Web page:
William Klein – Danseurs Crabes (Kazuo Ono) (1961)
Apparently, Klein was known in Japan as a Leica shooter. And although I am extremely dubious that the above image was made with a Leica–with a gun to my head I’d say the bokeh in the background trees screams Nikkor lens–I’m going to run with the notion as it allows perhaps the smoothest segue I’ll manage to a tangential topic.
During my time in Berlin, I was able to see the C|O Berlin Eyes Wide Open!: 100 Years of Leica exhibit. (It’s up for another 45 days or thereabouts–so if you are anywhere close, you really should go to the trouble of dropping it; it’s quite extraordinary.)
Honestly, I have mixed feelings about Leica. The craftsmanship that goes into making them is unparalleled. However, my tendency is to choke whenever things get down to check out; I’m always asking myself: is it really worth paying $10K for a camera with one lens. (Plus, in side-by-side comparisons, I tend to prefer the sharpness of a Zeiss lens to the characteristic Leica lens moody contrast.)
Recently, this opinion has shifted. Largely because Trixie, my Fuji TX-1, is a rangefinder–and truthfully although there’s an ultra-steep learning curve when you come from SLRs, I’m actually finding myself more engaged with what I’m shooting.
So it really was the perfect moment for me to encounter this show as it tipped me over from being morally opposed to Leica to starting to think about how one day maybe I’ll be able to afford an MP…
Anyway, the thing I wanted to mention about the show is that the curation was mad on fleek. Seriously impressive. In a nutshell, the exhibit was laid out chronologically so you could see how the compact portability of the camera evolved from it’s inception through roll out, to the golden age of photojournalism.
Yet, the most fascinating thing was the either penultimate or final (I can’t remember which) descriptive plaque that contextualized the entire history of photography within the microcosm of work made with Leica cameras. I’m going to reproduce it here verbatim:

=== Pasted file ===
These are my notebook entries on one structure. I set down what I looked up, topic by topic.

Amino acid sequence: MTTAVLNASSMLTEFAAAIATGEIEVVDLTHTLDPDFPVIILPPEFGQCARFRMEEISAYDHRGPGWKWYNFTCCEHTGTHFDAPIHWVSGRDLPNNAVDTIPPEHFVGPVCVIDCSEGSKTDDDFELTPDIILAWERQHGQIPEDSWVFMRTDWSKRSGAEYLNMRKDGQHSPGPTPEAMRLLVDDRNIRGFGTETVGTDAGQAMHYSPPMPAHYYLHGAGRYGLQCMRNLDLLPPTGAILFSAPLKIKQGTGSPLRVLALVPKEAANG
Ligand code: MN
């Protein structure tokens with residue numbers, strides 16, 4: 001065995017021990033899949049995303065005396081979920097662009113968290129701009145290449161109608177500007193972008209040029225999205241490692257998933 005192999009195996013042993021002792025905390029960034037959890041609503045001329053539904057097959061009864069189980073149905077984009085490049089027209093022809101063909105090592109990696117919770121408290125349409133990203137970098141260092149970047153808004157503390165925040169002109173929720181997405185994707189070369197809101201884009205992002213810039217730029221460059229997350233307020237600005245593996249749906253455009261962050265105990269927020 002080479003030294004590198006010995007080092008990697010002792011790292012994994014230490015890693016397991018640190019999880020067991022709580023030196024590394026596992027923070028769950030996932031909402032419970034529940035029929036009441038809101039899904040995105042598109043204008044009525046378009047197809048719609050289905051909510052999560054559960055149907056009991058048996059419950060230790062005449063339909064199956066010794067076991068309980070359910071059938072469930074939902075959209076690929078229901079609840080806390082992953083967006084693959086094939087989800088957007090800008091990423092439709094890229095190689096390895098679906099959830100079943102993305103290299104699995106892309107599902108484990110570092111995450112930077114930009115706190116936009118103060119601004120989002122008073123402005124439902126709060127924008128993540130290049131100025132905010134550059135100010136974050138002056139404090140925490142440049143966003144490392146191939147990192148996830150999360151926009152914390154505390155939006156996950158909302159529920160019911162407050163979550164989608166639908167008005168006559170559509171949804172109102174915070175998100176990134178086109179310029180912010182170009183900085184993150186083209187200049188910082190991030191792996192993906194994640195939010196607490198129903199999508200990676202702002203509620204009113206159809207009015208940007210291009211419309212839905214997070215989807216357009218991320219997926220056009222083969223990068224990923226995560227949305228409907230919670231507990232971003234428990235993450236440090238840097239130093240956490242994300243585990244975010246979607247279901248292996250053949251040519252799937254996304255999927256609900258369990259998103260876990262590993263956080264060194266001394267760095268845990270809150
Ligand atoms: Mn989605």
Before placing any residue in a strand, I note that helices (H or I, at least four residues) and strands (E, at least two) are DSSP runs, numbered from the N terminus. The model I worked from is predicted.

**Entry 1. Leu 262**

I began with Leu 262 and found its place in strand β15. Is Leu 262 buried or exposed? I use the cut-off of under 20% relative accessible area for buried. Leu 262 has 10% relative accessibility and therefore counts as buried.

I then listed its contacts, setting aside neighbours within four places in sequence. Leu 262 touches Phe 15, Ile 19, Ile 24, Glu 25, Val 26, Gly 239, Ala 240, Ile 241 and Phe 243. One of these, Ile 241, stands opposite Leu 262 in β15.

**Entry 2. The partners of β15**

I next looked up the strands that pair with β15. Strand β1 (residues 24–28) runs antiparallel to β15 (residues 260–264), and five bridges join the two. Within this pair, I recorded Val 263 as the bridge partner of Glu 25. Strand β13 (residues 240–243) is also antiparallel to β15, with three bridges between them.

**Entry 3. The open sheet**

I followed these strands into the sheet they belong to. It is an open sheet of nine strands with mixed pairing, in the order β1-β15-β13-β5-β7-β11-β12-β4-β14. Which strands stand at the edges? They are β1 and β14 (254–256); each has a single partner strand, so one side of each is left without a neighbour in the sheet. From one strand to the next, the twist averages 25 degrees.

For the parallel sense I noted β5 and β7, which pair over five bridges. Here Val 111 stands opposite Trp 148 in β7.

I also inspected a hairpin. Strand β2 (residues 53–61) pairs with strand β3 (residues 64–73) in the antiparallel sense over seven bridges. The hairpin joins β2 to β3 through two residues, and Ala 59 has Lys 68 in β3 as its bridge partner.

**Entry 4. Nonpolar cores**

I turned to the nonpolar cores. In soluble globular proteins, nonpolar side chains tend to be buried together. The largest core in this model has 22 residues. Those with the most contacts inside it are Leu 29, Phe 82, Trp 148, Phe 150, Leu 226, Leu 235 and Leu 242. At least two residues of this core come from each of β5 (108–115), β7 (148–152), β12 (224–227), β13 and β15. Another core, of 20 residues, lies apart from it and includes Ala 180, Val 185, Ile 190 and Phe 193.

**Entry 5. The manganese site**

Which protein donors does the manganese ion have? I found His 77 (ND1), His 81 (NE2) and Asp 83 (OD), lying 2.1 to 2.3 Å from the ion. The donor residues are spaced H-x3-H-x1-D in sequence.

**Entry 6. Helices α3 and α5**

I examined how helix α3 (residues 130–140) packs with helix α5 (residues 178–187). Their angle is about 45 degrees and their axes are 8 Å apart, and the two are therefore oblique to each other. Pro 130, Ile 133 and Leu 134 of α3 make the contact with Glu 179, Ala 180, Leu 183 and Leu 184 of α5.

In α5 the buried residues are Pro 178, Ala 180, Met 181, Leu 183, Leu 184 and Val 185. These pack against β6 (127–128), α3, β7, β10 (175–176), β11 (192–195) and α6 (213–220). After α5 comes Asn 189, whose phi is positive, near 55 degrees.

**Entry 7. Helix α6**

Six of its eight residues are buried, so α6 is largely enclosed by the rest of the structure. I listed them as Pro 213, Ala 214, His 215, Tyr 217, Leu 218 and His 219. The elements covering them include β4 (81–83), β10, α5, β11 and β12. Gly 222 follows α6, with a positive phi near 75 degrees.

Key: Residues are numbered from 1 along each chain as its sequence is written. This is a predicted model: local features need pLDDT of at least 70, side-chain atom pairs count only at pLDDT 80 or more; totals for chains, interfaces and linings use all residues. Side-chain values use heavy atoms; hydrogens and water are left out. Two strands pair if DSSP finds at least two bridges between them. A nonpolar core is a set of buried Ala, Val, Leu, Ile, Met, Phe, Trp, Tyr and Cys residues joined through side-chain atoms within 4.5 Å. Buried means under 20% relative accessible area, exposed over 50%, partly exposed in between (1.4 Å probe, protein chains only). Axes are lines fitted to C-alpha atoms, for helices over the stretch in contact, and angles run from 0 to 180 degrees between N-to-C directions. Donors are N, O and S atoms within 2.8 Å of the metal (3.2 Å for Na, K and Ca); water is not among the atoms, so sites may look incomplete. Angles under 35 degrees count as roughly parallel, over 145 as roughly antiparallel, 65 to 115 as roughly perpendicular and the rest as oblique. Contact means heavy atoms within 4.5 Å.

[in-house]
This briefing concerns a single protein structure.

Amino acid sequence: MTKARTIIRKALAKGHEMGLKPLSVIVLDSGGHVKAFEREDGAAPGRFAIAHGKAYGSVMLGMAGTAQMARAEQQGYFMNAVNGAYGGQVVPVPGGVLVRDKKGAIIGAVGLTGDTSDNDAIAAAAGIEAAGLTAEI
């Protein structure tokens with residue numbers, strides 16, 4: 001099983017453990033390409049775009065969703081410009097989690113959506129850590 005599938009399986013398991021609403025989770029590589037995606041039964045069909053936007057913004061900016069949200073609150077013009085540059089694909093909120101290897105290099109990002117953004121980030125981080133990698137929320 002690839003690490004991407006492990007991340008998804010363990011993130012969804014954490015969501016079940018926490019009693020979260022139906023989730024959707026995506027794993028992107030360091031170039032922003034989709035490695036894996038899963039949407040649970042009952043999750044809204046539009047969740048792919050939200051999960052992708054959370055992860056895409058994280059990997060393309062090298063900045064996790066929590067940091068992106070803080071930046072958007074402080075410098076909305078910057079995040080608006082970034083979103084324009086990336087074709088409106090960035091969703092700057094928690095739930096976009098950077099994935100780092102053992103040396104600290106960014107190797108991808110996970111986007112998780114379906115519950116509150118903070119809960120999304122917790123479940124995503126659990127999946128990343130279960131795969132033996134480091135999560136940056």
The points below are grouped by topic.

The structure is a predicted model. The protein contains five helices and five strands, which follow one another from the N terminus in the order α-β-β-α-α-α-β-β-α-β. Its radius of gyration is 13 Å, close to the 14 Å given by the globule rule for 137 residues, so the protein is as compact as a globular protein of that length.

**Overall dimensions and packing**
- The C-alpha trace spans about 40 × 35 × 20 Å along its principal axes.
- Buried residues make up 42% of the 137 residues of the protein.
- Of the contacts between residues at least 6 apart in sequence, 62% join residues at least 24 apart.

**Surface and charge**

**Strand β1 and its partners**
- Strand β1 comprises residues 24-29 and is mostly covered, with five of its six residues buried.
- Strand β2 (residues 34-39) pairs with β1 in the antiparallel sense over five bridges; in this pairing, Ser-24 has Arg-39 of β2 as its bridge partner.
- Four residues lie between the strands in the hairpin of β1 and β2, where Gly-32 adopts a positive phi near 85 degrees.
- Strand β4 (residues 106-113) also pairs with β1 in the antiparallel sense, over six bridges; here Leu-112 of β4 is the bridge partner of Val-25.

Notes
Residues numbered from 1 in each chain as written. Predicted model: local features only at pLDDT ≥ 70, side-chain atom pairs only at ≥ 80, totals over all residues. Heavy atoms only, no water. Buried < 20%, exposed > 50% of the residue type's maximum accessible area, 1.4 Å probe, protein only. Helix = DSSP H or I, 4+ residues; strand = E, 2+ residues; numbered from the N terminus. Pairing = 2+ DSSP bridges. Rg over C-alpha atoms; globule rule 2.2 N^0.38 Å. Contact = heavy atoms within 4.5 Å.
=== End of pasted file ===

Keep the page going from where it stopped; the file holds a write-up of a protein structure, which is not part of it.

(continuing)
At a time in which none of the remaining magazines can or wants to afford a permanently employed photographer, yet on the other hand museums are showing photographs, galleries are dealing with photos and corporate collections feed very much on photographic images, the author with an interest in art–nolens volens–has become a model of our postmodernist photo culture. Any overview of the terrain shows six different types of photographers as authors, though the boundaries are of course fluid.
Young photographers still stay true to the genre “Reportage”, even though they now travel with self-assigned commissions, often pursue themes over a long period of time and determinedly rely on their own signature, in order to set themselves apart from the fast food of the electronic media (Paolo Pellegrin, Kai Wiedenhöfer). The “Photographic essay”–traditionally the “Travel report”–as a henceforth critical, formally ambitious exploration of a world in upheaval (Bertrand Meuiner, Klavdij Sluban) has remained just as topical as examination of social themes in the sense of approach that has been defined as “Personal documentary” (Jane Evelyn Atwood, Michael von Graffenried, Gaël Turine) of late. Photographers uses their camera to overcome personal trauma or to simply explore their private environment, creating a kind of “Visual diary” (Paula Luttringer, Alberto García-Alix, Tom Wood). They purposely operate their camera in defiance of the dictates of the instruction manual, and in the spirit of Classical Moderism (keyword: “Visualism”) to formally and aesthetically explore the boundaries of their medium (Andreas Müller-Pohle). Or they pose–while photographing–fundamental questions. For example: What do we do with pictures? What do they do with us? How do they influence our way of thinking, our knowledge? In light of this, existing material is lifted, sorted, reactivated. “Approriation art” is the term of the moment, although a line can be traced from anonymous snapshot to the photographic icons through cinema film (François Fontaine).
I feel like the little of Klein’s work I’ve encountered overlaps in many ways with all six proposed categories. It’s also especially odd in a world where street photography–whatever my thoughts of it might be–is increasingly less formal or even active genre, that Klein chose to focus on the unnerving and nightmarish instead of the synchronous, surreal or strange.
Which I guess is the point I’m quite dancing around: no matter how brilliant categories/genres are, they only ever remain truly useful as long as they serve as a point of departure instead of criteria determining arrival.